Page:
Baylor won a total of four league games during Drew’s first two seasons and four apiece in years three and four, but by 2008 the Bears were no longer an easy win for their Big 12 foes. Drew gradually transformed Baylor into an unlikely destination for top recruits, first securing Rivals 150 prospects like Curtis Jerrells, Tweety Carter and LaceDarius Dunn and later landing McDonald’s All-Americans Perry Jones III, Quincy Miller and Isaiah Austin. 

As Drew began luring ballyhooed prospects a tier or two above those that Baylor had previously signed, other Big 12 coaches privately questioned how he was doing it and seethed about his unusually aggressive recruiting tactics. 

Drew once created a position on his staff for the AAU coach of John Wall in a failed attempt to land the future Kentucky star. Another time, Drew sent out a flier to recruits asking which of these Big 12 coaches had signed a McDonald's All-American before. Pictures of Bob Knight and Billy Gillispie were crossed out, leaving only a photo of the Baylor coach.

Complaints about Baylor’s recruiting prompted an NCAA investigation that concluded in 2012. The only violations that investigators unearthed were impermissible calls and texts from assistant coaches to recruits, a modest offense that only resulted in a two-game suspension for Drew but also substantiated some of the accusations he had faced.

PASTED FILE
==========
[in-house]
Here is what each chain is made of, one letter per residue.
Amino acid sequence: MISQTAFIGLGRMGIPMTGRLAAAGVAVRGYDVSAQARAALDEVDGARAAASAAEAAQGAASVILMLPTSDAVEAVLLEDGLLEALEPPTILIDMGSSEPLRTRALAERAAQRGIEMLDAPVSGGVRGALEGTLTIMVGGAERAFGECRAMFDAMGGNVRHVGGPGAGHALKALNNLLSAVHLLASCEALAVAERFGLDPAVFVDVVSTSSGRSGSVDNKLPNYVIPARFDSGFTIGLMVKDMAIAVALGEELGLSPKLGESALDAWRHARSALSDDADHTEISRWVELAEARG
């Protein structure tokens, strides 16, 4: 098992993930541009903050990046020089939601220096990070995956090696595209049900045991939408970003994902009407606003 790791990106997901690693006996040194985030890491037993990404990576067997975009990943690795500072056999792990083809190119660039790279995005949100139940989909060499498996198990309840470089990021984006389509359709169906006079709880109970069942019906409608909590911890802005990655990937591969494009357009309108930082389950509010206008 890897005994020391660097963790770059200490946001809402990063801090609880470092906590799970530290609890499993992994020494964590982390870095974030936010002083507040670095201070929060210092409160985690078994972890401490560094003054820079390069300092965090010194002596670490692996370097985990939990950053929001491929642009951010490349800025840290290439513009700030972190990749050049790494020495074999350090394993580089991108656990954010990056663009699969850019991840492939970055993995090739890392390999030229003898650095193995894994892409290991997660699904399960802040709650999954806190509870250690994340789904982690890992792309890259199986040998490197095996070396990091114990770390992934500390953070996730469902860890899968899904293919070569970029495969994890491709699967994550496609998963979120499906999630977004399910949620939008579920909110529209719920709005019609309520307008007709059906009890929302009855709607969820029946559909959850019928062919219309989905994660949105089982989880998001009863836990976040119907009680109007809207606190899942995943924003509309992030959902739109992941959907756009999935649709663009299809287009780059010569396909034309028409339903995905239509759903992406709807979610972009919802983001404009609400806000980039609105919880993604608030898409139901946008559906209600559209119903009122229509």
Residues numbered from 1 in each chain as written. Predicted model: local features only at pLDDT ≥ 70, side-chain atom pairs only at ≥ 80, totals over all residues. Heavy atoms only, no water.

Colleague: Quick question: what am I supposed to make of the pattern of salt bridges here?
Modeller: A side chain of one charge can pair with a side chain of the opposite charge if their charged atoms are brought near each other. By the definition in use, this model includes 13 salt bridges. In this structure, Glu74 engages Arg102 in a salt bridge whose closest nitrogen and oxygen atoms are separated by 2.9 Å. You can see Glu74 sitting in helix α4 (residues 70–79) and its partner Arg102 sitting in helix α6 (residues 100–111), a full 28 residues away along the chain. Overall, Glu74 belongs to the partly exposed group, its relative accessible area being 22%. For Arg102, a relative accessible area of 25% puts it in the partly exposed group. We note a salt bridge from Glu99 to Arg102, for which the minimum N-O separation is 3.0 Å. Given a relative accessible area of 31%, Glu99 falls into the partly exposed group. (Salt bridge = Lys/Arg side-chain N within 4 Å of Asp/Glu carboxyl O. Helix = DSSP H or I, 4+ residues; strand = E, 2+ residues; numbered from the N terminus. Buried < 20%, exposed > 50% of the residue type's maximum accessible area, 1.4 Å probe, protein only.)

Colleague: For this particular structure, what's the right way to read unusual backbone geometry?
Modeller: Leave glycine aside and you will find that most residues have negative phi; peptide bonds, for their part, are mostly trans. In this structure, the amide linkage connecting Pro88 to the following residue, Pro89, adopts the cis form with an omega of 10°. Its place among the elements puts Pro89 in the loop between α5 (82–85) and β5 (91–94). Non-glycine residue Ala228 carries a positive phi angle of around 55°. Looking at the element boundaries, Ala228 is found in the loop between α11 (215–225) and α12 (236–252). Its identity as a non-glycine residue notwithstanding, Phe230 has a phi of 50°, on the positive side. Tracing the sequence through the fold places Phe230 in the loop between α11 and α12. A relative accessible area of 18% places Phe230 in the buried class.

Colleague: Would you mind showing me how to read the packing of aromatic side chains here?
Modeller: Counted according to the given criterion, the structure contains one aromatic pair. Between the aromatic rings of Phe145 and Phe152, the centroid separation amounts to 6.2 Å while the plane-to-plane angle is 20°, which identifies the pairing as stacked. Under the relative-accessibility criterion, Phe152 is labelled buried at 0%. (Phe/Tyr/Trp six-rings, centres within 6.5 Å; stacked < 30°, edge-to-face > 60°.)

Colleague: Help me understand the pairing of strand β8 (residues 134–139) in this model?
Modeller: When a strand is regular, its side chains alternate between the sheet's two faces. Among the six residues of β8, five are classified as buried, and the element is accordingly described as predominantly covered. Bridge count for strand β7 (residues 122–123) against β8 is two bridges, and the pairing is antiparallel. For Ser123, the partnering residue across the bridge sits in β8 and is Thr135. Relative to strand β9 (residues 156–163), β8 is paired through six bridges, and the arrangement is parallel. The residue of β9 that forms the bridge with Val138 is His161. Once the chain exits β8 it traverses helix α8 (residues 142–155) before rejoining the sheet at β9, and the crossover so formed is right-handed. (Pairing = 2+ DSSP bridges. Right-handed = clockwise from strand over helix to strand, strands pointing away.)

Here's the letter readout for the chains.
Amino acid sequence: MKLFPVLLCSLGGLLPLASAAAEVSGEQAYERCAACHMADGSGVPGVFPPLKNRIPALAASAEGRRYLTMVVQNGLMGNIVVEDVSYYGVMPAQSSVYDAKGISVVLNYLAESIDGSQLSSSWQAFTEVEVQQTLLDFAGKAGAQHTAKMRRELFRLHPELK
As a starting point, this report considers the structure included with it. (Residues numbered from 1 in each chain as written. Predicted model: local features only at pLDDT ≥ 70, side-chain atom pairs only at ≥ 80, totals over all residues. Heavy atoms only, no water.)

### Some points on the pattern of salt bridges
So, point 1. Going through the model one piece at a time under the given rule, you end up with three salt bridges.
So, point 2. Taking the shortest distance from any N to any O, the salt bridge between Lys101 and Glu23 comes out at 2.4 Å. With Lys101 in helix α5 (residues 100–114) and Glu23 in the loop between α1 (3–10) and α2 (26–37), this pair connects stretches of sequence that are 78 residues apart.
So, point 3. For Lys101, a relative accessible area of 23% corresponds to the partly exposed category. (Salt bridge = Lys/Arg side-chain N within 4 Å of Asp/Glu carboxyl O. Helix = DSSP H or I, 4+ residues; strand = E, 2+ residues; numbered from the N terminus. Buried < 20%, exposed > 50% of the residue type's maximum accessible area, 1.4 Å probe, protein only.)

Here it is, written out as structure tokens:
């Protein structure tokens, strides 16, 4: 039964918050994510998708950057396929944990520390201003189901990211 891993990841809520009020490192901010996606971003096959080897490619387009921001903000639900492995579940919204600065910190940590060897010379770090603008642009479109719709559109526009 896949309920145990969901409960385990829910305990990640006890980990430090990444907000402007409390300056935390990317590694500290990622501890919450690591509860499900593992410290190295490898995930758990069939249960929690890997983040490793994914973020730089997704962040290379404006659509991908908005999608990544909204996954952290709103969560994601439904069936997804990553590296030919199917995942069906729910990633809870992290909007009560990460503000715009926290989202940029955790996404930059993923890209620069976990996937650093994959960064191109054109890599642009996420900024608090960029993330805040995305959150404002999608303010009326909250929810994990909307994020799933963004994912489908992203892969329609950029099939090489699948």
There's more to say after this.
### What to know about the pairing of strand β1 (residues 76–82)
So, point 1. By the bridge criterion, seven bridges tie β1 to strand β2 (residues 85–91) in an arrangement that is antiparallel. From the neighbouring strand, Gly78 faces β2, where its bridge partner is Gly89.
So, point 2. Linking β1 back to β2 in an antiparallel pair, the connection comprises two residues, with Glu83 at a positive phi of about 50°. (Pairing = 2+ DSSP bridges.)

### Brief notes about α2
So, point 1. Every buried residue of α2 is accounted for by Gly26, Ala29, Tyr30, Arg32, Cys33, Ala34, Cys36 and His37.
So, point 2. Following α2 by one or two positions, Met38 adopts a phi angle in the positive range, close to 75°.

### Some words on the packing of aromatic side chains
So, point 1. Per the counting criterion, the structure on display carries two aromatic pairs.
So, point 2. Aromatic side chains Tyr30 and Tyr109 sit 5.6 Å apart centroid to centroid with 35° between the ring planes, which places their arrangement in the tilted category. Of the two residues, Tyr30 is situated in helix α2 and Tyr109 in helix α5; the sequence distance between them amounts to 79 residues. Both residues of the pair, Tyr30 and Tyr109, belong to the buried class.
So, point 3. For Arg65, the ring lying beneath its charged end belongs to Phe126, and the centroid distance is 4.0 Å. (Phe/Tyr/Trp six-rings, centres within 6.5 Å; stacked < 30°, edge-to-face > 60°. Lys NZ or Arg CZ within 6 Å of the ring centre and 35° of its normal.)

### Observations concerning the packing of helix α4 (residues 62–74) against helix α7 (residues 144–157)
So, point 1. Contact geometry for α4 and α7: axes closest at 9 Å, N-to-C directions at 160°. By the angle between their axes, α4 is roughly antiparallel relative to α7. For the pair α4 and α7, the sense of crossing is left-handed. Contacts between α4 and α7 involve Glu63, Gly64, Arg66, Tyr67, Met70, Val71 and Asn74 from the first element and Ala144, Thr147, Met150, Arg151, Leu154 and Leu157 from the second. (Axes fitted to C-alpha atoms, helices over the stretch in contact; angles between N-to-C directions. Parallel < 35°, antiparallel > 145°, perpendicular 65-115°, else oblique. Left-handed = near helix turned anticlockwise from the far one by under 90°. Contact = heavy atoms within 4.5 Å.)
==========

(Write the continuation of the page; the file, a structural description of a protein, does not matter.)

Critics of Drew were also quick to point out that some of his most talented teams failed to live up to expectations. While Drew led Baylor to the Elite Eight in 2010 and 2012, his 2011 team did not qualify for the postseason and his 2013 squad settled for an NIT appearance.

Baylor’s inconsistency during that stretch inspired Drew to rethink his approach to recruiting. He has become more selective with who he takes, still targeting the occasional high-character five-star McDonald’s All-American but focusing more on scouring the next tier of prospects for hard workers who are driven to reach their potential. 

“What we’ve tried to do is identify who fits with our culture and chemistry,” Drew said. “If the right five-star guy, the right McDonald’s All-American, came along, would we take him? Absolutely. But we’ve put an emphasis on finding high-character guys who want to be in the gym, who want to get better and who care about winning.”

Baylor’s success at developing players during their redshirt years has also helped the program become an appealing destination for transfers who have to sit out a season. Transfers are often eager to follow in the footsteps of Ekpe Udoh, who left Michigan a role player and became a lottery pick at Baylor, or Johnathan Motley and Cory Jefferson, who also made big leaps as upperclassmen after taking a redshirt year.

The roster that Drew has assembled this season reflects his evolving recruiting philosophy and knack for player development. Not a single Baylor player was a consensus top 50 prospect in his recruiting class. Three of the Bears’ top players began their careers at other schools. 

Davion Mitchell left Auburn after his freshman year because he could not beat out Jerod Harper for the starting point guard job. He has blossomed into a defensive dynamo whose ball pressure is the catalyst for Baylor’s smothering man-to-man.